For the second consecutive film, Ira Sachs has cast a light over the complex, stress-inducing nature of the New York property market; and yet where his preceding picture Love is Strange adopted the perspective of an elderly gay couple, in Little Men we peer in through the eyes of teenage boys, and new best friends, Jake and Tony. In doing so, Sachs thrives in the notion of futility, taking a blissful perspective to emphasise how us adults can get so caught up in trivial issues of this nature, we can lose sight of what really matters: love, family and friendship.
When Brian’s (Greg Kinnear) father dies, he relocates to the now vacant apartment in Brooklyn with his wife Kathy (Jennifer Ehle) and son Jake (Theo Taplitz). Stationed above a family-run store, managed by Leonor (Paulina Garcia) – the latter was very close with Brian’s deceased father and was granted some leeway when it came to the price of rent. The new tenants, however, are not quite so forgiving, and request a fairer price – or else the shop will have to close. But Leonor’s son Tony (Michael Barbieri) has formed a close affinity with Jake, becoming inseparable across the past few weeks. Yet the ongoing contract dispute threatens to put an end to their fledging friendship.
Sachs has crafted a feature that ensures you remain completely neutral – of course empathetic to the teenage boys, but you understand the parents concerns. You even see both sides of that argument too, appreciating that Brian needs a fairer rent, and comprehending why Leonor is reluctant to pay. It’s intriguing to watch events unravel through the eyes of the teenagers, and yet naturally understand them from those of the parents, and you never get bogged by down by the dispute either, despite remaining emotionally engaged throughout.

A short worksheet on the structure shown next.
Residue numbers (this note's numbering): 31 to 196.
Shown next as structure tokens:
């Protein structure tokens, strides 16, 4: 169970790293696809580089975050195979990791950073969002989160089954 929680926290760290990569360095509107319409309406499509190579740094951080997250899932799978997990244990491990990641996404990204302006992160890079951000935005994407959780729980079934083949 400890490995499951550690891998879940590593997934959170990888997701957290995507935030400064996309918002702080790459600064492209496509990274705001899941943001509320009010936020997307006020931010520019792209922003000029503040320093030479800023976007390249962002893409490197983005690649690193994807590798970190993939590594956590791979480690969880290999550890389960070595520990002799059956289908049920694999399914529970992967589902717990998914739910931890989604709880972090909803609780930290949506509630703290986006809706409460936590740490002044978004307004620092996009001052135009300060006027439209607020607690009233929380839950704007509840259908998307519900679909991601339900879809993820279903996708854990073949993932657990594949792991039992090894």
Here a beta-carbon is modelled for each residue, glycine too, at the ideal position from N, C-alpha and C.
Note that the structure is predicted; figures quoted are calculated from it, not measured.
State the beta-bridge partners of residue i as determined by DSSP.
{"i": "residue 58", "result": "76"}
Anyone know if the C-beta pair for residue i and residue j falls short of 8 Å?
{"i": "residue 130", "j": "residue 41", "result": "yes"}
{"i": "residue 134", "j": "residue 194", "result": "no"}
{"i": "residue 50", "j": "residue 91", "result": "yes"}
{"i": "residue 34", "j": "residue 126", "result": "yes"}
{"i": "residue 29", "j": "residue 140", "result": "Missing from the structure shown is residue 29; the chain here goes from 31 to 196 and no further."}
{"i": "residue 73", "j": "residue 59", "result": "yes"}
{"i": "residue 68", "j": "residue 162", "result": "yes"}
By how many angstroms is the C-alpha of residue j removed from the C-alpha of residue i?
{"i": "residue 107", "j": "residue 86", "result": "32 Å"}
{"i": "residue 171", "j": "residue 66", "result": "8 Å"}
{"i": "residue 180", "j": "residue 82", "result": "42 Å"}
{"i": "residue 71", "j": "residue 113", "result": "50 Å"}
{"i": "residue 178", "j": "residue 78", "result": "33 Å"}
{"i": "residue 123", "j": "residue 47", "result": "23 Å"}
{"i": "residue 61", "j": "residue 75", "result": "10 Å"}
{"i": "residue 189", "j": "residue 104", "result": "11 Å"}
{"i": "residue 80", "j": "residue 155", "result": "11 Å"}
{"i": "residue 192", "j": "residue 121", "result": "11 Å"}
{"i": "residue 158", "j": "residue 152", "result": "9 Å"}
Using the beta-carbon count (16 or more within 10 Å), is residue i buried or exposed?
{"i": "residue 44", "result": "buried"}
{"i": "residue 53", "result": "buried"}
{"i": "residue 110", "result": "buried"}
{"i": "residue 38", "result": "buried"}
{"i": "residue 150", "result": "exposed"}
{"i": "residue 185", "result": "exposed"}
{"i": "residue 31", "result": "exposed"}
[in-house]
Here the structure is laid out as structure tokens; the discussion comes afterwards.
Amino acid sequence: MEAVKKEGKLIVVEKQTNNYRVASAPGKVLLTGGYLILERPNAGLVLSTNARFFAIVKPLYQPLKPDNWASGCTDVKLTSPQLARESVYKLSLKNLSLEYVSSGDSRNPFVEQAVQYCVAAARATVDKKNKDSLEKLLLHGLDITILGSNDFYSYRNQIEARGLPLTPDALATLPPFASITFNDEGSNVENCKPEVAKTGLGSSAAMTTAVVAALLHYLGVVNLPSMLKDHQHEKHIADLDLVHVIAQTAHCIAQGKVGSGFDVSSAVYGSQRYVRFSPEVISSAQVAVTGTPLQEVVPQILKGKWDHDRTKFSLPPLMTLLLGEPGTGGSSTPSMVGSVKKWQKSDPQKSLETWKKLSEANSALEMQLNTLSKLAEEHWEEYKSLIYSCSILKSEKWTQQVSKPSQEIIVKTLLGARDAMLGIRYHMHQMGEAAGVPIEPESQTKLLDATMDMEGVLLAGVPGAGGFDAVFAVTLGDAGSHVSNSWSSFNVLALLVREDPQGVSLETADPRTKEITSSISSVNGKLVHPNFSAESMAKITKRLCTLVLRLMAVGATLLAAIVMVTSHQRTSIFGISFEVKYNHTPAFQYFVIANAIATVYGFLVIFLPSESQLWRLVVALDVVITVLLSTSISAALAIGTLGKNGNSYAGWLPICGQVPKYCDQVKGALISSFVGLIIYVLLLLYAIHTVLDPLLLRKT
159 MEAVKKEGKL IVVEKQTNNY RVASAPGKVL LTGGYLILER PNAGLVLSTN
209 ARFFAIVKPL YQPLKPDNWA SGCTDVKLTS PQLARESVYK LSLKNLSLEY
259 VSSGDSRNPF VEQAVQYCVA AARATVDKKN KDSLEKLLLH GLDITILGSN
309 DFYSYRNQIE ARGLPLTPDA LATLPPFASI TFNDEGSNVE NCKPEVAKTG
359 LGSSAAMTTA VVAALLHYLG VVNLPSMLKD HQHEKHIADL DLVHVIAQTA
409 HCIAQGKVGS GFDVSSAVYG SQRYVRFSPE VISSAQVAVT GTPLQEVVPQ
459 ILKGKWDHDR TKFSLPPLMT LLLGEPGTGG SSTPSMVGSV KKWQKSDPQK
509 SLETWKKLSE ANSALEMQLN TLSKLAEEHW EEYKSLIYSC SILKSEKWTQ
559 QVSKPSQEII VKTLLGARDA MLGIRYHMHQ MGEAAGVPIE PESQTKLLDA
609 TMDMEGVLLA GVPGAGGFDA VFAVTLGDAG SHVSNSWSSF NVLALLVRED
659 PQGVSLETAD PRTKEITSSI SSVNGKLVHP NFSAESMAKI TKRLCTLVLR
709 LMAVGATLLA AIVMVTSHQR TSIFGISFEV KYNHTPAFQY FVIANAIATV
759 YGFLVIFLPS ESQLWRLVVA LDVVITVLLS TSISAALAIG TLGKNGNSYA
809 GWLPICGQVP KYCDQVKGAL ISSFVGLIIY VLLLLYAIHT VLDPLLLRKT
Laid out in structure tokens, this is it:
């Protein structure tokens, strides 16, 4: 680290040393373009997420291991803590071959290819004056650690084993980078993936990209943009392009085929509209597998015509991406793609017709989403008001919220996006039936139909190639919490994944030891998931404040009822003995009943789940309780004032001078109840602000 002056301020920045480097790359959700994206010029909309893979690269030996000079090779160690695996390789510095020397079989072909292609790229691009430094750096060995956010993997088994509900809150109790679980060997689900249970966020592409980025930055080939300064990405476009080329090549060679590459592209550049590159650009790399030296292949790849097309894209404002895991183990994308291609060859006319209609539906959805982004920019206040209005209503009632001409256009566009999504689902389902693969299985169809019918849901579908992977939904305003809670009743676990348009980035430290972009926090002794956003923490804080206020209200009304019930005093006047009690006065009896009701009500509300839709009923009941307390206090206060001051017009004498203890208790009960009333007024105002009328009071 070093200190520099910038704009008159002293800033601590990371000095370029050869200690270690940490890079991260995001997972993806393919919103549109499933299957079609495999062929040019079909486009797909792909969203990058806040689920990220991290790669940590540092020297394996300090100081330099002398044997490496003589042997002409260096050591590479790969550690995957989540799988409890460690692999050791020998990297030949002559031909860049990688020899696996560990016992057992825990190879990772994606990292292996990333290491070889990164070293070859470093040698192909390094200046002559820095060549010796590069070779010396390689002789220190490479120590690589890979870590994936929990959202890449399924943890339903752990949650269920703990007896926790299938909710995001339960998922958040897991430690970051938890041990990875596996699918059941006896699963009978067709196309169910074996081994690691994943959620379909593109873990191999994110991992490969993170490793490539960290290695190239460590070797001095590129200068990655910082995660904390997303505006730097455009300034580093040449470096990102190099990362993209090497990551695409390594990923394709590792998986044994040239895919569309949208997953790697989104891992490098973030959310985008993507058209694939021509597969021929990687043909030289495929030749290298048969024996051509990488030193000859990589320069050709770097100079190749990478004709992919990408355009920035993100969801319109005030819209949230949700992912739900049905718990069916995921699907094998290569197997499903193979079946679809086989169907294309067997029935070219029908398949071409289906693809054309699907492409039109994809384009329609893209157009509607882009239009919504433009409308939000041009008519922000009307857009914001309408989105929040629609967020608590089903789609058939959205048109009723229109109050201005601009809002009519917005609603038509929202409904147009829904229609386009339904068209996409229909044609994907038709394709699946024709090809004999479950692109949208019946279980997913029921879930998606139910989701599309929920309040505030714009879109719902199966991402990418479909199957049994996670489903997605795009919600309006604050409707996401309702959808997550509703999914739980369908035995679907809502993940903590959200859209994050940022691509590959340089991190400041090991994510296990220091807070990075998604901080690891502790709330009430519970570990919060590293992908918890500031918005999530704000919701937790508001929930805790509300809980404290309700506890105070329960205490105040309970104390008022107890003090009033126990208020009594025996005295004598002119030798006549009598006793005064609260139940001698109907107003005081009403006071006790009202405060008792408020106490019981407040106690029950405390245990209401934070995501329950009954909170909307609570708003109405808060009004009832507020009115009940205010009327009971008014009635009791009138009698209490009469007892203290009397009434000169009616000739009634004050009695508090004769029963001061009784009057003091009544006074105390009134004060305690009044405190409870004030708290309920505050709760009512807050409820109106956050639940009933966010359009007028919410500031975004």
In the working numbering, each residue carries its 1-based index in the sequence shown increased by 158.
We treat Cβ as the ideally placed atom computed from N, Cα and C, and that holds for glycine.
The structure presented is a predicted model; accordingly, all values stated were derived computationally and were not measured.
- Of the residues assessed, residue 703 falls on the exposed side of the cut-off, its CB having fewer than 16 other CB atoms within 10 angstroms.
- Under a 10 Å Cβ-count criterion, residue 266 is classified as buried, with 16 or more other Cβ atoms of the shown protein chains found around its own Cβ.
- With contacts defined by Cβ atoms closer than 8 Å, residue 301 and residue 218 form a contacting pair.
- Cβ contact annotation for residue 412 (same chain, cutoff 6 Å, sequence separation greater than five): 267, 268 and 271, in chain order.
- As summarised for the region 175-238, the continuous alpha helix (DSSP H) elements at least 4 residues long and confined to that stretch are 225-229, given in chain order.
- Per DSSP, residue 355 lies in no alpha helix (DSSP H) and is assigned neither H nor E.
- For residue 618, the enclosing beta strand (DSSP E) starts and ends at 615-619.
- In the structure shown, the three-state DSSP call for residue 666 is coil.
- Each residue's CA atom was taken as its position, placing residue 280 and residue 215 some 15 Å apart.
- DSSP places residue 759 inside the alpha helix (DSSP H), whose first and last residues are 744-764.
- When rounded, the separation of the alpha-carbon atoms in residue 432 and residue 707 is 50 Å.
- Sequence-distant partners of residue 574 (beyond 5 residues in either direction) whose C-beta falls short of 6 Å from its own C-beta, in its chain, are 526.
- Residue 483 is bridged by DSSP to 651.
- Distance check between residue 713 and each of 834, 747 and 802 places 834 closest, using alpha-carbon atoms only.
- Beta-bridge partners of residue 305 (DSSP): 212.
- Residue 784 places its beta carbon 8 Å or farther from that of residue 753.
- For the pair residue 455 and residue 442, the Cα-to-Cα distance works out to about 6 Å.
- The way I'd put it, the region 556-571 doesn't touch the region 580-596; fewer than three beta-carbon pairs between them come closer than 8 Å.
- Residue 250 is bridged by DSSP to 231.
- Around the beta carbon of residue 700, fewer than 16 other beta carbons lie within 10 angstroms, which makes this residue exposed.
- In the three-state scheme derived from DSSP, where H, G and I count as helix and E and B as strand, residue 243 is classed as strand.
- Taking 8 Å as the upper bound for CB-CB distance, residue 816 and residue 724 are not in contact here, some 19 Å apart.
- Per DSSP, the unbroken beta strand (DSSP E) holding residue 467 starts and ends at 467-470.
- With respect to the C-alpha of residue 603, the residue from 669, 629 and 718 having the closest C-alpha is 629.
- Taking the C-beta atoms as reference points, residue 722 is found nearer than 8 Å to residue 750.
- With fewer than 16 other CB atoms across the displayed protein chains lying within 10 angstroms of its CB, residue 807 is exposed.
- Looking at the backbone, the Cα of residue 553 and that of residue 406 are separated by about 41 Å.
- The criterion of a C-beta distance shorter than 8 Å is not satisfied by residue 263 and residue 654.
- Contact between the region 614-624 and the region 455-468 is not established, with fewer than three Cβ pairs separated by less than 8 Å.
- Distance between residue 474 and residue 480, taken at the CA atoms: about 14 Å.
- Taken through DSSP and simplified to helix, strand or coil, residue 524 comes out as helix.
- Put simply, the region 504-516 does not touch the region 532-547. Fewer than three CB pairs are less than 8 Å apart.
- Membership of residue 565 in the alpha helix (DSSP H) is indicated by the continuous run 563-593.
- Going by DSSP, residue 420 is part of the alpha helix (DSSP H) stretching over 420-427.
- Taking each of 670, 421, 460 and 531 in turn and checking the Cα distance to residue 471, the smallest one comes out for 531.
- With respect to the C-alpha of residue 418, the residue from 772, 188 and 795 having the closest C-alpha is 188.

Sachs has this remarkable aptitude for finding the tenderness in life and yet never once compromising on the harsh severities of the real world.
Little Men is simply charming cinema; so congenial, and yet profound and moving too. Sachs has this remarkable aptitude for finding the tenderness in life and yet never once compromising on the harsh severities of the real world. The way the filmmaker seems to understand his youthful protagonists is commendable too, not patronising them to a point where the dialogue seems puerile; but then it’s not overtly intellectual and evidently coming from an adult writer. It’s authentic, and allows the characters this freedom to think for themselves, albeit spiked with a certain, endearing naivety.
The performances, across the board, are impressive too – with the young Barbieri standing out. Comparisons (though seeming somewhat far-fetched) to a young Marlon Brando are not too far off the mark, and there’s one scene so good – where he practises an acting technique with his drama teacher – that is so compelling it was granted a huge round of applause during the screening of the film. A scene, and film, that simply demands a second viewing.